Nature is incredible. From the roaring seas to the rolling hills, God’s handiwork is breathtaking. His attention to detail is mind boggling. His diversity is overwhelming. Everywhere you look, you can see His fingerprints. The Earth is full of God’s brilliance and creativity.
One of the amazing aspects of nature is it often reflects our spiritual journey. We often recognize seasons in our lives and how they mimic the four seasons God instituted. We compare the desert to times of spiritual drought. We look at rain and can compare that to Holy Spirit saturating our dry and thirsty souls like the rain hydrates the Earth.
One of our favorite spiritual comparisons is found in the mountains. These majestic, bastions of strength rise out of the Earth in mystery and beauty. Their peaks are inspiring points of awe and wonder. We long to explore their heights and stake our flag on its summits. We want to see the world from the top. The climb is rugged, strenuous, and treacherous, but the thrill of adventure and the vantage point of its summit is worth the struggle.
Climbing a mountain brings such a sense of accomplishment and victory. It’s fulfilling to have navigated such steep terrain. You feel as though you have conquered something. It’s rewarding to see the world from the bird’s eye view of its peaks. From this position, we can see things we’ve never seen before, things previously hidden, things far into the distance. Its panoramic view is exhilarating and thrilling.
This parallels our spiritual journey perfectly. We navigate through the traps and snares of the enemy as we press our way upward, deeper into the Father’s heart. We climb up the rough terrain of life to stand on the crest of God’s promises. We scale the obstacles of our humanity as we explore the new heights of our identity in Christ. We do all this to reach the pinnacle of the experience: the view. With the effort of pressing through comes the reward of the mountain top: panoramic views. From this position we see things we’ve never seen before, things previously hidden, things far into the distance. It’s on the mountain top that we receive the bird’s eye view of revelation. Here, the discovery of our journey unfolds as Holy Spirit begins to show us how things connect, what they mean and gives us clarity. We see God’s character and heart more clearly. We see the past with a clearer perspective. We see aspects of the future. We connect with the triumph of Christ’s victory. And it’s thrilling. Exhilarating. Satisfying.
We love mountain top experiences.
However, you can’t live on a mountain top. Just like an actual mountain peak in uninhabitable, a spiritual peak is as well. It’s perfect for exploring, discovery and sight-seeing, but you cannot live there. It’s barren, isolated and you cannot build on it. You can linger for a bit, but life there is not sustainable.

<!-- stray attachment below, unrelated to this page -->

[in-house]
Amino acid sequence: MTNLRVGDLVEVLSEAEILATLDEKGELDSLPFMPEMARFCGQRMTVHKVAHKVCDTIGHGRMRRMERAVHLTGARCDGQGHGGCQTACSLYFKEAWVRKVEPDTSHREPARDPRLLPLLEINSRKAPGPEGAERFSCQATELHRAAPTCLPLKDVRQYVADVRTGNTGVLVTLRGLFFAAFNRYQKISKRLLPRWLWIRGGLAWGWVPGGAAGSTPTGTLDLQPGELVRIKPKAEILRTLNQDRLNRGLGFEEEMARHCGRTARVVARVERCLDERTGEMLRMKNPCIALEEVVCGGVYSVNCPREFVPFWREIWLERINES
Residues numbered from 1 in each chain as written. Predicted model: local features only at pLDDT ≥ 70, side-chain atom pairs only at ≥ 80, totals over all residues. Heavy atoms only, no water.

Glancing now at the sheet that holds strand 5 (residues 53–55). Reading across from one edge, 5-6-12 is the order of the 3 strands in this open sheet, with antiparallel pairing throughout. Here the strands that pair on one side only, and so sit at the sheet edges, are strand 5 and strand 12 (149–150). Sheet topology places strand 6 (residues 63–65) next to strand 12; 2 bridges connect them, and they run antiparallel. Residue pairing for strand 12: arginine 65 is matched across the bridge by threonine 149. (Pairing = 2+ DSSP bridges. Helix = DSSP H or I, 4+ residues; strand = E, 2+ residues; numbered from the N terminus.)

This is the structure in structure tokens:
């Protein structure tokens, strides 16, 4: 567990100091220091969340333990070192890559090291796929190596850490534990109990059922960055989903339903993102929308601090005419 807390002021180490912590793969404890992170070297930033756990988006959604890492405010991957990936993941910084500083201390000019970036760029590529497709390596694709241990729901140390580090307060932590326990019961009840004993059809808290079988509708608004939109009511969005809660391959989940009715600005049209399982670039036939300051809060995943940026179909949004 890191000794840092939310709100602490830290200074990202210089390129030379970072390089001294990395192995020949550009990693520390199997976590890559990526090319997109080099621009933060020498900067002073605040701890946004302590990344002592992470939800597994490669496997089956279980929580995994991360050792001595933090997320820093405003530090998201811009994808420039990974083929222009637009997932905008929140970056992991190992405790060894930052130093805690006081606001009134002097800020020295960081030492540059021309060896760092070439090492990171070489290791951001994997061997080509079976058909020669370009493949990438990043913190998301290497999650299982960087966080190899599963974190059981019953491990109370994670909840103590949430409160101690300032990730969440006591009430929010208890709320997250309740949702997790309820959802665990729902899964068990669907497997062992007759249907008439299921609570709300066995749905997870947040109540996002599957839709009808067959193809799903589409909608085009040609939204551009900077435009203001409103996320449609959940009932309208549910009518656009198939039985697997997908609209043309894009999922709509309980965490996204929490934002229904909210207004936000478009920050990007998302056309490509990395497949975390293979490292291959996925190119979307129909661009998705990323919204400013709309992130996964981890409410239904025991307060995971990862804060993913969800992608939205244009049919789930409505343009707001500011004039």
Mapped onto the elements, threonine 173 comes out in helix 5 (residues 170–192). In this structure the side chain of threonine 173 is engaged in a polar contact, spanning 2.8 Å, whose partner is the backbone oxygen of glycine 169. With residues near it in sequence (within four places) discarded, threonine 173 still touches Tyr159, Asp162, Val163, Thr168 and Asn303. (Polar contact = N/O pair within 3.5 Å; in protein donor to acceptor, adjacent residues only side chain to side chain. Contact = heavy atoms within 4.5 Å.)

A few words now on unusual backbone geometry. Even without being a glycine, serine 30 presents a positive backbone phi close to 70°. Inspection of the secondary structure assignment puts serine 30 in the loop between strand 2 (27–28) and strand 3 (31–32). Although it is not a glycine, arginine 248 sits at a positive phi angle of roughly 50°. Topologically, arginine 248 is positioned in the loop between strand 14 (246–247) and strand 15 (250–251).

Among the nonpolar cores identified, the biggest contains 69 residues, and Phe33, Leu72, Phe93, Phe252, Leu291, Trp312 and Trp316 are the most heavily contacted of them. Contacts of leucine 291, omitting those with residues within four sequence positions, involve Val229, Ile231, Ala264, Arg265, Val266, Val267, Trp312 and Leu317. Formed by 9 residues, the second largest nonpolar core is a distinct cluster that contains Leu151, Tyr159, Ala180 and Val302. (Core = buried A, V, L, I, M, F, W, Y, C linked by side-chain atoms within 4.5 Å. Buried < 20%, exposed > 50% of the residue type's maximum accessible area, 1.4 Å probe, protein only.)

While we were made to climb mountains, we were also made to live in the valley.
Spiritually speaking, no one likes to live in the valley. We imagine the valley as low, difficult, dark places. We don’t want to visit much less live there. But the reality is, the valley is the ideal place to live. Full of vegetation and water, it’s teeming with life. There are resources in the valley. Provision. Things grow and flourish in the valley. Instead of jagged rocks and sloping terrain, you have even valley floor, ideal for building and establishing. Instead of rocky soil, there is soft, green grass growing from deep, rich, fertile soil.
You’ll also find pastures and meadows in the valley – places of rest.
· Psalm 23:1-3 (NASB) The Lord is myshepherd, I shall not want. He makes me lie down ingreen pastures; He leads me besidequiet waters.He restores my soul;
· Ezekiel 34:14-16 (Msg) God, the Master, says: From now on, I myself am the shepherd. I’m going looking for them. As shepherds go after their flocks when they get scattered, I’m going after my sheep. I’ll rescue them from all the places they’ve been scattered to in the storms. I’ll bring them back from foreign peoples, gather them from foreign countries, and bring them back to their home country. I’ll feed them on the mountains of Israel, along the streams, among their own people. I’ll lead them into lush pasture so they can roam the mountain pastures of Israel, graze at leisure, feed in the rich pastures on the mountains of Israel. And I myself will be the shepherd of my sheep. I myself will make sure they get plenty of rest.
In the valley, Jesus nurtures and care for us, supplying everything we need. Yes, He travels with us to the mountain top, helping and rescuing all through the journey. But it is in the valley where He restores and revitalizes us, preparing us for the next mountain top experience. A healthy spiritual journey will include both experiences. There will be the thrill of the mountain top. But there must also be the restoration of the valley. And in all honesty, the mountain tops will not be nearly as exhilarating if we don’t choose the rest of the valley.